Aside from finding anyone who finds Oprah “deep and meaningful” risible, the message here was quite violent: “Get out, do not express your opinions and if you must have opinions that do not reflect our ideas, leave.” Soon more bullies came on to vocalise similarly angry posts. Of course Patrice and her cohorts were welcome to express freely their disagreement as I had no problem to respond to that respectfully. However, being attacked online, as in person, is an uncomfortable position to be put in since to post about the need for some flexibility in dialogue on a social networking site is neither unreasonable nor negative. However, the responses to our request were just that. Shortly after this another two women jumped in to include Liz who wrote, “Well this is debate at least! let’s have a Murakami appreciation society!” and “It’s a bit like West Side Story isnt it…the Jets V the Sharks!” I found Liz’s comments spot on and quite refreshing for the level of harassment that had already begun. Little did we know that Liz was closer to the truth than any of us knew as a lesbian Westside Story was upon us. Vanessa and Liz shared their ideas about bullying with Liz stating, “[Y]es, i agree with your words…as someone who was teased at skool for having leftfield views.” Liz interjected lively comments a few times and her ideas reminded me that we were finding ourselves in a paradigm which exactly mirrored that of gay bashing: we were expected to be a type of lesbian who thought and posted in a way that reflected the normative standards assumed by these bullies. There was absolutely no difference in what these women were doing from heterosexuals who bully a person for not being straight or at least for not keeping their homosexuality “shut up” and out of their sight.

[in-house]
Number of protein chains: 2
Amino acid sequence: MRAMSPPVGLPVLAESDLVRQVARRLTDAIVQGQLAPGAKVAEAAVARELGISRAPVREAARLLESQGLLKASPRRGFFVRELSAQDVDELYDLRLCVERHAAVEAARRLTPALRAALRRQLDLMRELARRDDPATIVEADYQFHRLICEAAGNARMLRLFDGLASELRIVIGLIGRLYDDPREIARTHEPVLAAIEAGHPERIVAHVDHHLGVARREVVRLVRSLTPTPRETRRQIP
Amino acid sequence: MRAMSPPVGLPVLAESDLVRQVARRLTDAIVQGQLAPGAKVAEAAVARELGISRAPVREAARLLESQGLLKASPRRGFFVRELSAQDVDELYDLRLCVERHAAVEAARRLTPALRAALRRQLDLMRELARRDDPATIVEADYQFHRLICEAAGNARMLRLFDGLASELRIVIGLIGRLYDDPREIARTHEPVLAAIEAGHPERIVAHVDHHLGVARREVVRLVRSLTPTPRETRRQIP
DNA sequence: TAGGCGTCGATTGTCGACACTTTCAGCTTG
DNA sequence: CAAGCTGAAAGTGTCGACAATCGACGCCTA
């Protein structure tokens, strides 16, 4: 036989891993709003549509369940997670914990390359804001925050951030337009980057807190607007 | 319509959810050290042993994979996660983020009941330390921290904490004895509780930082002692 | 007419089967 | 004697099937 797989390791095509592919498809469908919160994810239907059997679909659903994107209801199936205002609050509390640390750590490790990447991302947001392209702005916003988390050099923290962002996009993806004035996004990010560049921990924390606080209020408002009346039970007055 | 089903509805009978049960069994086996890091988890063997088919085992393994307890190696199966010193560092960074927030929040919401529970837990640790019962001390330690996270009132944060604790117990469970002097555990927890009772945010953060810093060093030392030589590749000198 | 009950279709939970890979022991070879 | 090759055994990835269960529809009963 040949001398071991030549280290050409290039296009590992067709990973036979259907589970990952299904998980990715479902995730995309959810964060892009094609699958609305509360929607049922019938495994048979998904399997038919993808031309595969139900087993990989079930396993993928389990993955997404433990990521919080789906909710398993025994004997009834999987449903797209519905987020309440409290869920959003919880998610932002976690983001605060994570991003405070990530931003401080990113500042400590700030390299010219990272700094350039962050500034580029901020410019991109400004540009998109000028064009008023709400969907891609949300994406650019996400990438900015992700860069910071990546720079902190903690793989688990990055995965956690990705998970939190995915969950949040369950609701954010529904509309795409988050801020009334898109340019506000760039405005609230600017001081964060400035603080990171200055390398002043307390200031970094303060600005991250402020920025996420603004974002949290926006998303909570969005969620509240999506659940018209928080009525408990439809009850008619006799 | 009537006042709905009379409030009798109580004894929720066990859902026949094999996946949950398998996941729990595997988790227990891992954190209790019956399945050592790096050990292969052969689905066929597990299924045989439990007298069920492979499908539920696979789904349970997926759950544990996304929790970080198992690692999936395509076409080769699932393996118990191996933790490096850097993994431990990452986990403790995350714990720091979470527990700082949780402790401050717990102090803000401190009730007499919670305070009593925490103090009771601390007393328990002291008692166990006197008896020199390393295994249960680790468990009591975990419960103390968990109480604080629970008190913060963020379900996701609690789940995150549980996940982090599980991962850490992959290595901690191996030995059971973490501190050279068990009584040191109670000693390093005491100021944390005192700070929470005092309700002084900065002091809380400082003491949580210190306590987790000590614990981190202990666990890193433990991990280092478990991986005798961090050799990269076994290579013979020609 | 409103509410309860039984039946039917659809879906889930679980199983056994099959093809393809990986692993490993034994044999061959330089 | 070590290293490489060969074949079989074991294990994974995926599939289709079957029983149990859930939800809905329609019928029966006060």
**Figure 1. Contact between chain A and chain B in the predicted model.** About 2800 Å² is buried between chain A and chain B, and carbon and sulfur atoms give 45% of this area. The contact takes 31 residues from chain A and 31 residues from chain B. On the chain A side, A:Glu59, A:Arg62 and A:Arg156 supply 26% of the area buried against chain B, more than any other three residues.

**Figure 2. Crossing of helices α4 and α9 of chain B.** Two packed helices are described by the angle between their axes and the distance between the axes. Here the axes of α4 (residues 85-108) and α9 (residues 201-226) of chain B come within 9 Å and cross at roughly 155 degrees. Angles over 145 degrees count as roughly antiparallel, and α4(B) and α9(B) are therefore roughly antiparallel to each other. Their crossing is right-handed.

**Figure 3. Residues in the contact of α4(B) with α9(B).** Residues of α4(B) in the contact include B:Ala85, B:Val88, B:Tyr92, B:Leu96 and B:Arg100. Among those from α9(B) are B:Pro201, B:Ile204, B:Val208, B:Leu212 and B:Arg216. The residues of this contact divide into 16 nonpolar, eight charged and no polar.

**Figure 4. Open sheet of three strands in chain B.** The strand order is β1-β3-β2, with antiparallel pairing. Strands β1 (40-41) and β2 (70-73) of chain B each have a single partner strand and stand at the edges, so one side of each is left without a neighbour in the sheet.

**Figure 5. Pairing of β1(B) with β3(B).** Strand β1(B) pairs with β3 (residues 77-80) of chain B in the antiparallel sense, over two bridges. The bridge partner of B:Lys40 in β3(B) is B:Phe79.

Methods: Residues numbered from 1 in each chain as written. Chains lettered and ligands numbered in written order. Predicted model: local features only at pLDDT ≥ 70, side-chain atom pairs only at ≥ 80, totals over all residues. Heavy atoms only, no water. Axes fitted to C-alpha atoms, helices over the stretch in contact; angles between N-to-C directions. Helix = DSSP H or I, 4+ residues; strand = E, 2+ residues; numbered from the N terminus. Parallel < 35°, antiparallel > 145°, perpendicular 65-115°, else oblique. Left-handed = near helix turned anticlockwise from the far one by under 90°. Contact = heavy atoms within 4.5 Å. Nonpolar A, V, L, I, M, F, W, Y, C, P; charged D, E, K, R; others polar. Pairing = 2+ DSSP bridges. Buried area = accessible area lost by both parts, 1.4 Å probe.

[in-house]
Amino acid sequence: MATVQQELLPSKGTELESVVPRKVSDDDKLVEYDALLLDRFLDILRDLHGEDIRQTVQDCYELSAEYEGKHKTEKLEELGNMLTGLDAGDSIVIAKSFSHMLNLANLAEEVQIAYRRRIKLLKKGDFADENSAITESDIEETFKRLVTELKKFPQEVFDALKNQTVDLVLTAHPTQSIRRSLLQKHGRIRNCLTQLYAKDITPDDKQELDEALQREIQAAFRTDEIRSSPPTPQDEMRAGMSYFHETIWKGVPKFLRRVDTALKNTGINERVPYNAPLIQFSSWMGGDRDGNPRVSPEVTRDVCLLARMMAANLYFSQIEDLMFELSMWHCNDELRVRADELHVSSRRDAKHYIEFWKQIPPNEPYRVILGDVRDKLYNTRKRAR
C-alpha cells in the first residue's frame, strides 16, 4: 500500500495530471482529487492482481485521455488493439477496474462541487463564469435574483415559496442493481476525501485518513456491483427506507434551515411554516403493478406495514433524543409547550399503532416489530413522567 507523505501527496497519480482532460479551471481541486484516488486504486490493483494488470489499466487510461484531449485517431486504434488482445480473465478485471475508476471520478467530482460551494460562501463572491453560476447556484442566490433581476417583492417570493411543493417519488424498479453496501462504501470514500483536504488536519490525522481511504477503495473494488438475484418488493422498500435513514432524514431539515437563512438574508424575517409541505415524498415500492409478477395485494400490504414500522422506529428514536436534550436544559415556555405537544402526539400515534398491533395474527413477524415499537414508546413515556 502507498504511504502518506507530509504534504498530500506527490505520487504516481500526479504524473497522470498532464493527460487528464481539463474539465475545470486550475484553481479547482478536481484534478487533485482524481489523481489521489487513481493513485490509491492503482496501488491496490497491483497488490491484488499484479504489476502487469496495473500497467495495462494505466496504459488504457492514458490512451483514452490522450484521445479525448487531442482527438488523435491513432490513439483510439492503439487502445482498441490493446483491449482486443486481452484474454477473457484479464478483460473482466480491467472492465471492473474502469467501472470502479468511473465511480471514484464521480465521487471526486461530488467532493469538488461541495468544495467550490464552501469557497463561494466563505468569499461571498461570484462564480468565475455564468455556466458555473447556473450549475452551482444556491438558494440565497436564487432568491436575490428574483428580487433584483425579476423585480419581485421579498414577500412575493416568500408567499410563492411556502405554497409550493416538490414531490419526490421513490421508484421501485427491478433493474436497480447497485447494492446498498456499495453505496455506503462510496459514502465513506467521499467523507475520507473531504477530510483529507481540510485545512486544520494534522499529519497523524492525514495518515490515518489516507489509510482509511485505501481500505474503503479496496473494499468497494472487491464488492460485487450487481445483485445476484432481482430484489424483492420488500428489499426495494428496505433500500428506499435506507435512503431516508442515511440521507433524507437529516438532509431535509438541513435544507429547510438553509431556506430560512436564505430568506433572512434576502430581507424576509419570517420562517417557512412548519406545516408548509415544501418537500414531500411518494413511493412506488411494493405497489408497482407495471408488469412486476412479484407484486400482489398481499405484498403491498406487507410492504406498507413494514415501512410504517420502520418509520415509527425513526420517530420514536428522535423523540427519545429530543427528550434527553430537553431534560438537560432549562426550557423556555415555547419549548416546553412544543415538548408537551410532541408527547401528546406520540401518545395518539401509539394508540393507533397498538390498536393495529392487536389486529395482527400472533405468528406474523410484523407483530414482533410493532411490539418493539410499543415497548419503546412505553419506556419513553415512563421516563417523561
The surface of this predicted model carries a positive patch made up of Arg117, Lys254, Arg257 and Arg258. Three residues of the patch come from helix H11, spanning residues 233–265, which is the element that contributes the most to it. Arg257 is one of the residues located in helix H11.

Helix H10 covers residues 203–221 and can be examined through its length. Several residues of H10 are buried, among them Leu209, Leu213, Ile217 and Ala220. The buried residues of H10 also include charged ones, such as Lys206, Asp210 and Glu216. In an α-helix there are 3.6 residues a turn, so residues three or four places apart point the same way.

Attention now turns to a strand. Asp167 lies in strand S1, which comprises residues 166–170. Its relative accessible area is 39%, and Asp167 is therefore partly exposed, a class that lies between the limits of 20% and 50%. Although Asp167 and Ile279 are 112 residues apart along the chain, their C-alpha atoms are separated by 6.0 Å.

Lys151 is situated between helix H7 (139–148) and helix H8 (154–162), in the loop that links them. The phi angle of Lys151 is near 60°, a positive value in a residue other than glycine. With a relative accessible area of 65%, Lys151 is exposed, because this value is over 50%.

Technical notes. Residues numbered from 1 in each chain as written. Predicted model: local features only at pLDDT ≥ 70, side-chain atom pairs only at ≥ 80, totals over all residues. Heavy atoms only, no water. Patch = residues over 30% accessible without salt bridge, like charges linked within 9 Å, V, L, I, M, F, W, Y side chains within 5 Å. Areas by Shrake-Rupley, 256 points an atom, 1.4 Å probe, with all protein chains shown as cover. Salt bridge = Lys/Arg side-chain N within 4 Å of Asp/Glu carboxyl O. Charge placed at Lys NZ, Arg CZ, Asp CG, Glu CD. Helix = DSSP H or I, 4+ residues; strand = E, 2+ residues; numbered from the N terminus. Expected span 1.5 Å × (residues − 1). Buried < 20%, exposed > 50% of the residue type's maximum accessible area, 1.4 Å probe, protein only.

Vanessa came on in full deconstruction of the scene that was unfolding before us as Patrice would not leave the few posts on wheelchair access and freedom of speech: